Monday, 19 May 2014

The Rum Rebellion: Bligh in Sydney

Soon after his arrival at Sydney, on 13 August 1806, Bligh was given an address of welcome signed by Major Johnston for the military, by Richard Atkins for the civilian officers and by John Macarthur  for the free settlers.[1] However, not long after, he also received addresses from the free and freed settlers of Sydney and the Hawkesbury River  region[2], with a total of 369 signatures, many made only with a cross, complaining that Macarthur did not represent them.

...We beg to observe that had we deputed anyone, John Macarthur would not have been chosen by us, we considering him an unfit person to step forward upon such an occasion, as we may chiefly attribute the rise in the price of mutton to his withholding the large flock of wethers he now has to make such price as he may choose to demand.[3]

This only confirmed what Bligh would have been told about Macarthur by Banks.

A View of Sydney Cove—Port Jackson 7 March 1792

One of Bligh’s first actions[4] was to use the colony’s stores and herds to provide relief to farmers who had been severely affected by flooding on the Hawkesbury River, a situation which had disrupted the barter economy in the colony.[5] Supplies were divided up according to those most in need and provisions were made for loans to be drawn from the store based on capacity to repay. Bligh offered to take wheat from the next crop into the Government stores at 15s per bushel.[6] This delighted the settlers, resulting in strong loyalty to Bligh even after the events of 1808 but it earned the enmity of traders in the Corps who had been profiting greatly from the situation.[7] This was evident in an address to Bligh on 17 February 1809

The memorial of the undersigned, who came free into the colony, - Most respectfully showeth: - That your memorialists had no hand, act, or part in the rebellion that now exists in this colony.

That they do abhor and detest the said act, its aiders, and abettors, and were every way fully satisfied and content under His Excellency’s administration. His Excellency was doing all that public virtue or private worth could accomplish to correct abuses, re-establish discipline, protect and encourage sobriety and industry.

That your memorialists believe the following causes principally led to the rebellion; - That the officers had been (and still continue) merchants, traders, a dealers, which was carried on by employing convicts as their agents in different parts of the colony, by which means a great number of the inhabitants are in debt to them or their agents, which gave them a dangerous influence; and they had entered upon expensive establishments, which nothing but a continuance of abuse could support. That there is no nutritious liquor produced in the colony, either as a restorative to the sick or laborious. That our present rulers monopolised the whole of the spirits brought into the colony at about ten shillings per gallon, which they retail at from two to six pounds per gallon. They had for years commenced land-jobbing. This went so far as the selling of land before the grant was obtained, and was declared a legal transaction by two civil Courts....The officers were interested in impeding agriculture: the more settlers were ruined the cheaper they could purchase estates; the less grain grown by the settlers, the better prices they had for their own.....[8]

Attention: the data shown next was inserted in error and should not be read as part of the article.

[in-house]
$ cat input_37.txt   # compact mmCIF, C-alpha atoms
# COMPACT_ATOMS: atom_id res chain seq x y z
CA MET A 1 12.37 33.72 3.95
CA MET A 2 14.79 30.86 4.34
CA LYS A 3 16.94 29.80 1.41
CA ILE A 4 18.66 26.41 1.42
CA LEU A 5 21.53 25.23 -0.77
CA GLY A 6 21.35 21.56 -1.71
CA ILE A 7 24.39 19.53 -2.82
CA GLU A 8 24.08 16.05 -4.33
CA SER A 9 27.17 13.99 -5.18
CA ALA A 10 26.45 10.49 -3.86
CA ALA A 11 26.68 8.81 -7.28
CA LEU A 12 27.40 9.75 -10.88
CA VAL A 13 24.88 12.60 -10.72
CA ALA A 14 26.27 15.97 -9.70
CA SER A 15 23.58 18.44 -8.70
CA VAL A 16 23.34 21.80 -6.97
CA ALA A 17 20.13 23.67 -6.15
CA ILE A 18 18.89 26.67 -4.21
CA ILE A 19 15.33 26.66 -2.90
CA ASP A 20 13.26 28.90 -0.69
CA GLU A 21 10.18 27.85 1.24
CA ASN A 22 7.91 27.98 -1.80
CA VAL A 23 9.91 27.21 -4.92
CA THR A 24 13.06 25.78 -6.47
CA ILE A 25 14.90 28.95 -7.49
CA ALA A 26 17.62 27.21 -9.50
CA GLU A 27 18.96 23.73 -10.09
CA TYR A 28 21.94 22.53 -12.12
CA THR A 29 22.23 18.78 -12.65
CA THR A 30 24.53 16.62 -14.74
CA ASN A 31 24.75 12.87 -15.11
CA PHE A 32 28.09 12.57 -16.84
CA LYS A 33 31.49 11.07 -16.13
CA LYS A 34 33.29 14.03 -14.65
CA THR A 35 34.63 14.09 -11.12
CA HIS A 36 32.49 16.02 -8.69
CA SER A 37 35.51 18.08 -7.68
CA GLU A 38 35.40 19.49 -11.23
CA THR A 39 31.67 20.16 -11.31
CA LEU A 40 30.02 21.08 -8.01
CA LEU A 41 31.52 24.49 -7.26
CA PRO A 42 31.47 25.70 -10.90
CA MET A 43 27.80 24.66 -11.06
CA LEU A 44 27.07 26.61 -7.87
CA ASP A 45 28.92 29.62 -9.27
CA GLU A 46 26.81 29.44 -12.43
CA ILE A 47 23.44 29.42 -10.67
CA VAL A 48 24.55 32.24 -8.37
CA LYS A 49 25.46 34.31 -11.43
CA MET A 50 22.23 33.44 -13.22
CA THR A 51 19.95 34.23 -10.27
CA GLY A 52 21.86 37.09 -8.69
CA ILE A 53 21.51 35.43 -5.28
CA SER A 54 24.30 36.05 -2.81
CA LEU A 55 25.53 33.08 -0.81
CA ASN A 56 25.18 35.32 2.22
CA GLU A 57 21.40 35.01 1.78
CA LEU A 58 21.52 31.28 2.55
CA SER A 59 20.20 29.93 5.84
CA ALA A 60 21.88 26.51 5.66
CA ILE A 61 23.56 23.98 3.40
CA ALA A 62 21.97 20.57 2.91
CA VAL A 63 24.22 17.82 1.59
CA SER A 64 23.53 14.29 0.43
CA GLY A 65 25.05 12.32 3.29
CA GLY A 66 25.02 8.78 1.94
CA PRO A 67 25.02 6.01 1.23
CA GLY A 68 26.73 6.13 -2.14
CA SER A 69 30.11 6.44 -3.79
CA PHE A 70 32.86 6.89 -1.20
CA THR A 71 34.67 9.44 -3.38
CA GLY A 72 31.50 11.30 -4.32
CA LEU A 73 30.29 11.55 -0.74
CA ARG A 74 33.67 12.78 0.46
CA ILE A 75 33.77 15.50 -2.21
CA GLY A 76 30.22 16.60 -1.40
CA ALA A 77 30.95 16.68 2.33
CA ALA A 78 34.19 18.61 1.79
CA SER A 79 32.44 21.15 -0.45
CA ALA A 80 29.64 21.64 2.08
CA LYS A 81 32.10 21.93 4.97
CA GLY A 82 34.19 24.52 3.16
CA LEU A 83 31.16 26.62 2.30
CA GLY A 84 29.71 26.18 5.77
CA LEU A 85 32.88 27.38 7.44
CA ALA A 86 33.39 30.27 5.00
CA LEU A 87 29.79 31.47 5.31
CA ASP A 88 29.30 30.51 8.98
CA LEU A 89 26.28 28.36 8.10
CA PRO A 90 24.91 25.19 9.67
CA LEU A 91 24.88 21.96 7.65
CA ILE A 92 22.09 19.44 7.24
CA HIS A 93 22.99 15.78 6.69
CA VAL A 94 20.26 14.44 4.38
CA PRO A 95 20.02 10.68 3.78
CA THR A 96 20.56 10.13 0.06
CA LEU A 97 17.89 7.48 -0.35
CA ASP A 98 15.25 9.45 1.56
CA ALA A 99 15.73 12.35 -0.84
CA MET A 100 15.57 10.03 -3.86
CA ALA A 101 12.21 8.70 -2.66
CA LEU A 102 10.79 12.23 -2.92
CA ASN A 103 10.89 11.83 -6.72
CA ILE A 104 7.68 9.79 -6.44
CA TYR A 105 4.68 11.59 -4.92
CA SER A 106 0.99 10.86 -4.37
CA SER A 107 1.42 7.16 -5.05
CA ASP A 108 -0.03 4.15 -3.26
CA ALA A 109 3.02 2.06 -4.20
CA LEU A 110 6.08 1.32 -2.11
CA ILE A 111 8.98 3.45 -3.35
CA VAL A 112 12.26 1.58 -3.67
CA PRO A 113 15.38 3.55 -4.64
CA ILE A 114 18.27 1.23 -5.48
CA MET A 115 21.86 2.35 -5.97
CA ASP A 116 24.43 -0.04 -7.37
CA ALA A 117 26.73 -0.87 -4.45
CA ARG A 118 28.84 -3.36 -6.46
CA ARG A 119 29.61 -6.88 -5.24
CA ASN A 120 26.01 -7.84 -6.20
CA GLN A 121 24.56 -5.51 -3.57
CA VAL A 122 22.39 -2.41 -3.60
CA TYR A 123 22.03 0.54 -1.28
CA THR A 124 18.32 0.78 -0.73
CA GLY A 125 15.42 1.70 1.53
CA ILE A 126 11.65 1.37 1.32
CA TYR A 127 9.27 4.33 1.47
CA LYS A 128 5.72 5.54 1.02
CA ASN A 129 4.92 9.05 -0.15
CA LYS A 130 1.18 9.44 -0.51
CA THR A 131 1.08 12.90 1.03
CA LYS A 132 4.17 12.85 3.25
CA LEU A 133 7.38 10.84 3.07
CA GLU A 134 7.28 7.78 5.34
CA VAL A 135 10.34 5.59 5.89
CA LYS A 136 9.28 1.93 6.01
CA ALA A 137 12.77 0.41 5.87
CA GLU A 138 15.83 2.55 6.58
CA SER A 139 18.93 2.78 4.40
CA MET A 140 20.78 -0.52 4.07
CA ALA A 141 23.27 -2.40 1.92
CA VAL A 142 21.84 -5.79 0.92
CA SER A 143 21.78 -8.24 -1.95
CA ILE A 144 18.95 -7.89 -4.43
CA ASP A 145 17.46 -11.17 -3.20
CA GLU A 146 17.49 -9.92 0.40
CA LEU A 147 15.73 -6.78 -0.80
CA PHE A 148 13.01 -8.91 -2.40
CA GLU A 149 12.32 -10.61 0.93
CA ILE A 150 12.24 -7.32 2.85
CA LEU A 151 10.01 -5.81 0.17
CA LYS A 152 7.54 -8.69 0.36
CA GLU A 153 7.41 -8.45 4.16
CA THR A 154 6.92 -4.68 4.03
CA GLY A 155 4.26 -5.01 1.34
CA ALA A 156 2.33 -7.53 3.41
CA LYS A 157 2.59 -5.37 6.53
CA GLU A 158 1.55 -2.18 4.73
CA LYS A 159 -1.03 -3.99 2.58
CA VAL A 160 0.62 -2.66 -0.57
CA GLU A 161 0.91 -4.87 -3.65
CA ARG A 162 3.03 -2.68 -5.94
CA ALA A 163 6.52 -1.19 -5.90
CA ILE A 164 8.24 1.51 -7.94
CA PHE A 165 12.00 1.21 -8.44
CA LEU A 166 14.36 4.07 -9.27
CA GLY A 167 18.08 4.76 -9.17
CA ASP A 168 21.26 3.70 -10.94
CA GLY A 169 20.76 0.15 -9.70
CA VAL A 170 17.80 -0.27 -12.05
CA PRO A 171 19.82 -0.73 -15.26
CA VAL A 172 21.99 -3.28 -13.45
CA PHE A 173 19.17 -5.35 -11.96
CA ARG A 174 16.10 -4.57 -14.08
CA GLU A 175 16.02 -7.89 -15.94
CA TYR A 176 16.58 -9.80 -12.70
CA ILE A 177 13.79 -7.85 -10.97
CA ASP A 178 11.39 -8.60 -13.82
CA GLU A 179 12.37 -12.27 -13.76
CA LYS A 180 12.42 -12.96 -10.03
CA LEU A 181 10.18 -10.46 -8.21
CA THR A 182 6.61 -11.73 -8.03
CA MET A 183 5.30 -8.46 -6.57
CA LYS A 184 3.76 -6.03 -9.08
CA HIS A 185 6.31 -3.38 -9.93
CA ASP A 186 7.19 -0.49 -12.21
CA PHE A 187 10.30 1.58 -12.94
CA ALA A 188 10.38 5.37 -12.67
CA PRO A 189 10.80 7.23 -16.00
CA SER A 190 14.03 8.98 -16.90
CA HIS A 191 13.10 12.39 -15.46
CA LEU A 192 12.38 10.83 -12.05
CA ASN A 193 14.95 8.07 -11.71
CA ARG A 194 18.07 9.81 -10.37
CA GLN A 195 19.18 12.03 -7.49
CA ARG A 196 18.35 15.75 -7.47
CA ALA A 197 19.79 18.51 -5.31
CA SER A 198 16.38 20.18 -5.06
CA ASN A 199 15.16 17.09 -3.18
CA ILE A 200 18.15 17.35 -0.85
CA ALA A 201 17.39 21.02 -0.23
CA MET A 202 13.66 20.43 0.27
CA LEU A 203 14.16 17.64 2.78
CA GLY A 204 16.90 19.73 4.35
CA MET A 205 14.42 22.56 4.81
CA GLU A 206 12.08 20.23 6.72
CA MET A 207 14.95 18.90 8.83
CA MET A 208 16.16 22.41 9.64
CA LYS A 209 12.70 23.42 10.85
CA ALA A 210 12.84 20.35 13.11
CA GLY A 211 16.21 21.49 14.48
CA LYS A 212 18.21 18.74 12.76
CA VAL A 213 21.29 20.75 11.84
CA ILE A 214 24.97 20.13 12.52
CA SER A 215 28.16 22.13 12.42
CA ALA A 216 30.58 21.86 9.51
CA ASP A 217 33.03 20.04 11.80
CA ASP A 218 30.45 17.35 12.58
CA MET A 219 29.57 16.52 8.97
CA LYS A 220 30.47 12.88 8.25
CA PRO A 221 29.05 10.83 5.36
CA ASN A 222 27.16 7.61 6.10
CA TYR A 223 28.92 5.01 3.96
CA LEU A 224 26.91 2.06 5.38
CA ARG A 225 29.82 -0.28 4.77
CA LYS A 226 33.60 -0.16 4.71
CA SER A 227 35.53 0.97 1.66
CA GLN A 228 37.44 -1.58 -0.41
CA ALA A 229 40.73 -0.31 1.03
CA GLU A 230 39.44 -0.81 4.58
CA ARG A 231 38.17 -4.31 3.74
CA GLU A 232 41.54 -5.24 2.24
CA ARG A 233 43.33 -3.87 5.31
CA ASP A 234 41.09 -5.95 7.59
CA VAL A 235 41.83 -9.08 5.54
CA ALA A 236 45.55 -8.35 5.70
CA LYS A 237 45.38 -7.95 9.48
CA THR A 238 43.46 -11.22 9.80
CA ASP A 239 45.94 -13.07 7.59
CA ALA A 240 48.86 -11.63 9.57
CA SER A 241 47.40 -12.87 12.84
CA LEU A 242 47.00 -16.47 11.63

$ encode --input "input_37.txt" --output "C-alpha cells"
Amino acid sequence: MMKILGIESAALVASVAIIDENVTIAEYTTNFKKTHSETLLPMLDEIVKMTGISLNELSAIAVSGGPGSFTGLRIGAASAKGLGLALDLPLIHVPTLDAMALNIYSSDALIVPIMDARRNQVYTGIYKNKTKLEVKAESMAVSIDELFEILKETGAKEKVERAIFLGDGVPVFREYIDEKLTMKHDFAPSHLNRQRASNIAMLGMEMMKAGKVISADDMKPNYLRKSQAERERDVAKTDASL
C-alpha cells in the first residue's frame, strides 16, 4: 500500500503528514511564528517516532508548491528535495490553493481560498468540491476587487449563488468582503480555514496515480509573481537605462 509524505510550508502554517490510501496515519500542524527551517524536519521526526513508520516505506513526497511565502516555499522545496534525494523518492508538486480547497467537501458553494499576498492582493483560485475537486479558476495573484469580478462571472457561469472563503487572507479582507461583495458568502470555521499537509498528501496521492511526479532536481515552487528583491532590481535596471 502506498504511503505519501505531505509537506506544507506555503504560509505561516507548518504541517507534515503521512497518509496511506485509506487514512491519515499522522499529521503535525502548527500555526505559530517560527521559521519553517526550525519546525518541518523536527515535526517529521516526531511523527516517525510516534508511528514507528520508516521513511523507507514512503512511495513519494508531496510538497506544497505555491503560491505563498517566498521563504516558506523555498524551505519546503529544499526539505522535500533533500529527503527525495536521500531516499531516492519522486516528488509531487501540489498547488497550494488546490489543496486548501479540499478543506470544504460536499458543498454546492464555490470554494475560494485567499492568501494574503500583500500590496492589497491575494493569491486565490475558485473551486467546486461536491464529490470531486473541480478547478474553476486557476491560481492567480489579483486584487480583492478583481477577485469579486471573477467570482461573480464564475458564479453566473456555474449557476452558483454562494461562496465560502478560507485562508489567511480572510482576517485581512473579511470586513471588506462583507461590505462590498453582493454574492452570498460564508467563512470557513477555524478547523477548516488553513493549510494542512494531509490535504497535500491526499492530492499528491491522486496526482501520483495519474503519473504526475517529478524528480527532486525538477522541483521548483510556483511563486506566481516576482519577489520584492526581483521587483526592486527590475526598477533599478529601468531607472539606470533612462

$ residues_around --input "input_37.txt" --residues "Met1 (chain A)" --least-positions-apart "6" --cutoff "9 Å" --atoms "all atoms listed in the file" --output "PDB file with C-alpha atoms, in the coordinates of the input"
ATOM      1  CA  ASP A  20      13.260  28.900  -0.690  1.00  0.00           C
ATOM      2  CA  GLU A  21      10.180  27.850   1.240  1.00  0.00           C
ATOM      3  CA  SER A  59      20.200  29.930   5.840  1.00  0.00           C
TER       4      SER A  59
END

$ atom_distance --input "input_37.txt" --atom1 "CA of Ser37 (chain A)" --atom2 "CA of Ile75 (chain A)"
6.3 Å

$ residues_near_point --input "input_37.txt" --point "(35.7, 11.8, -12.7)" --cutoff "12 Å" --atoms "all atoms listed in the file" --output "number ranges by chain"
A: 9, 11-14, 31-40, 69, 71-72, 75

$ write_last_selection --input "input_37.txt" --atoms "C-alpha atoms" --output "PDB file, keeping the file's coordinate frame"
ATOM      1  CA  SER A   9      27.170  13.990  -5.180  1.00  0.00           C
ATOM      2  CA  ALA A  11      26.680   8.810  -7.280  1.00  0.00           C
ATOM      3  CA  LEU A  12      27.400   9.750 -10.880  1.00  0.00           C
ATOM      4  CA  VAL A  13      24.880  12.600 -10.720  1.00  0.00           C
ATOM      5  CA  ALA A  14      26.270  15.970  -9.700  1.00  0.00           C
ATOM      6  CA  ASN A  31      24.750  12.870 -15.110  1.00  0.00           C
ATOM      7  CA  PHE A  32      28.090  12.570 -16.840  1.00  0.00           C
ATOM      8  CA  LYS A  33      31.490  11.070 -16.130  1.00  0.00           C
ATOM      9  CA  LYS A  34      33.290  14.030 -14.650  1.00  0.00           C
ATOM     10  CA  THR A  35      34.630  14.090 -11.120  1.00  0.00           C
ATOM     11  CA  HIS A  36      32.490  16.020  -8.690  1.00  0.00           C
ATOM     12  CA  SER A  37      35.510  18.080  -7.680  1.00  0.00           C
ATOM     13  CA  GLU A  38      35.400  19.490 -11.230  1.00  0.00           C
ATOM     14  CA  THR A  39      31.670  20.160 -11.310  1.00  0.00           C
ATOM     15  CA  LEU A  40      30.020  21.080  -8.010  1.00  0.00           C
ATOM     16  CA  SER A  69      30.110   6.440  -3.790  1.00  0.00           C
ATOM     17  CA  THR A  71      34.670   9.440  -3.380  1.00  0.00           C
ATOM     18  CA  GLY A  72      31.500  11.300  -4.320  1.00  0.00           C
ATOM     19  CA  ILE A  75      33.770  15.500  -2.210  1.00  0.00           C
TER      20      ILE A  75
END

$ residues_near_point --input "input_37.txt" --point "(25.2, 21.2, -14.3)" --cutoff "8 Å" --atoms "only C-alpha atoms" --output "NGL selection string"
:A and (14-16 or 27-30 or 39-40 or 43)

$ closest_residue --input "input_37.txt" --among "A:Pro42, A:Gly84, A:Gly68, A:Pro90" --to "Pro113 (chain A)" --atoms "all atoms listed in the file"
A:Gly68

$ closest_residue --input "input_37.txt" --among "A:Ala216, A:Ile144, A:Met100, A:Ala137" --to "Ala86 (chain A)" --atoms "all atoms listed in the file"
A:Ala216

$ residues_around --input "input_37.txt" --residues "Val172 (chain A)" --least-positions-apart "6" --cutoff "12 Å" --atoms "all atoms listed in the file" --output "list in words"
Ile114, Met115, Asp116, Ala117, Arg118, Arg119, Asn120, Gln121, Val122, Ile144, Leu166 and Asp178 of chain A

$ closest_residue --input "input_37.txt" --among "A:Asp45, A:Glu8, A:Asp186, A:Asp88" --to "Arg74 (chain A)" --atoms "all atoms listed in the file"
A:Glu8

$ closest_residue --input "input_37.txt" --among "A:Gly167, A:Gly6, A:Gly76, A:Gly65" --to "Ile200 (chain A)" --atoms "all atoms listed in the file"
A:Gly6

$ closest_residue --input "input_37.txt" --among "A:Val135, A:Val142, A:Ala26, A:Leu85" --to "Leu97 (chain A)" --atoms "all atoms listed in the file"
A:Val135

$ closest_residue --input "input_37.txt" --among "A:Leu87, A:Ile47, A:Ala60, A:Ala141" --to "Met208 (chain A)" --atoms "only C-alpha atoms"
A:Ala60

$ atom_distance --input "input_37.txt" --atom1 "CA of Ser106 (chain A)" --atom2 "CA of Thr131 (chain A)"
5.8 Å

A View Of Sydney Cove New South Wales 1804

View of Sydney, 1804

Bligh was under instructions from the Colonial Office to normalise trading conditions in the colony by prohibiting the use of spirits as payment for commodities. Bligh was determined to stamp out the barter of spirits for goods or labour, commenting on 7 February, 1807

It is absolutely necessary to be done to bring labour to a true value and support the farming interest... In addition to the reasons already given to prohibit the barter of spirits, is the strong temptation it holds out to the settlers and other inhabitants to erect private stills, which tend to destroy not only the grain but the industry and morals of the people. The practice of distillation has been so general that the late Governor found it necessary to prohibit it under certain fines and penalties, and to offer emancipations, free pardons, and pecuniary remunerations to those who would give information of persons employed in this ruinous work; but the effect has not yet been produced, as this practice still continues in violation of every order and vigilance of the police.[9]

This was followed on 14 February 1807 by the following proclamation

His Excellency the Governor laments at finding, by his late visits through the colony, that the most calamitous evils have been produced by persons bartering or paying in spirits for grain of all kinds, the necessaries of life, and the labourers for their hire, such precedings depressing the industrious and depriving the settlers of their comforts and wants. In order to remedy these grievous complaints, and to relieve the inhabitants who have suffered by this traffic, he feels it his duty to put a total stop to this barter in future, and to prohibit the exchange of spirits or other liquors as payment for grain, animal food, labour, wearing apparel, or any other commodity whatever, to all descriptions of persons in the colony and its dependencies.[10]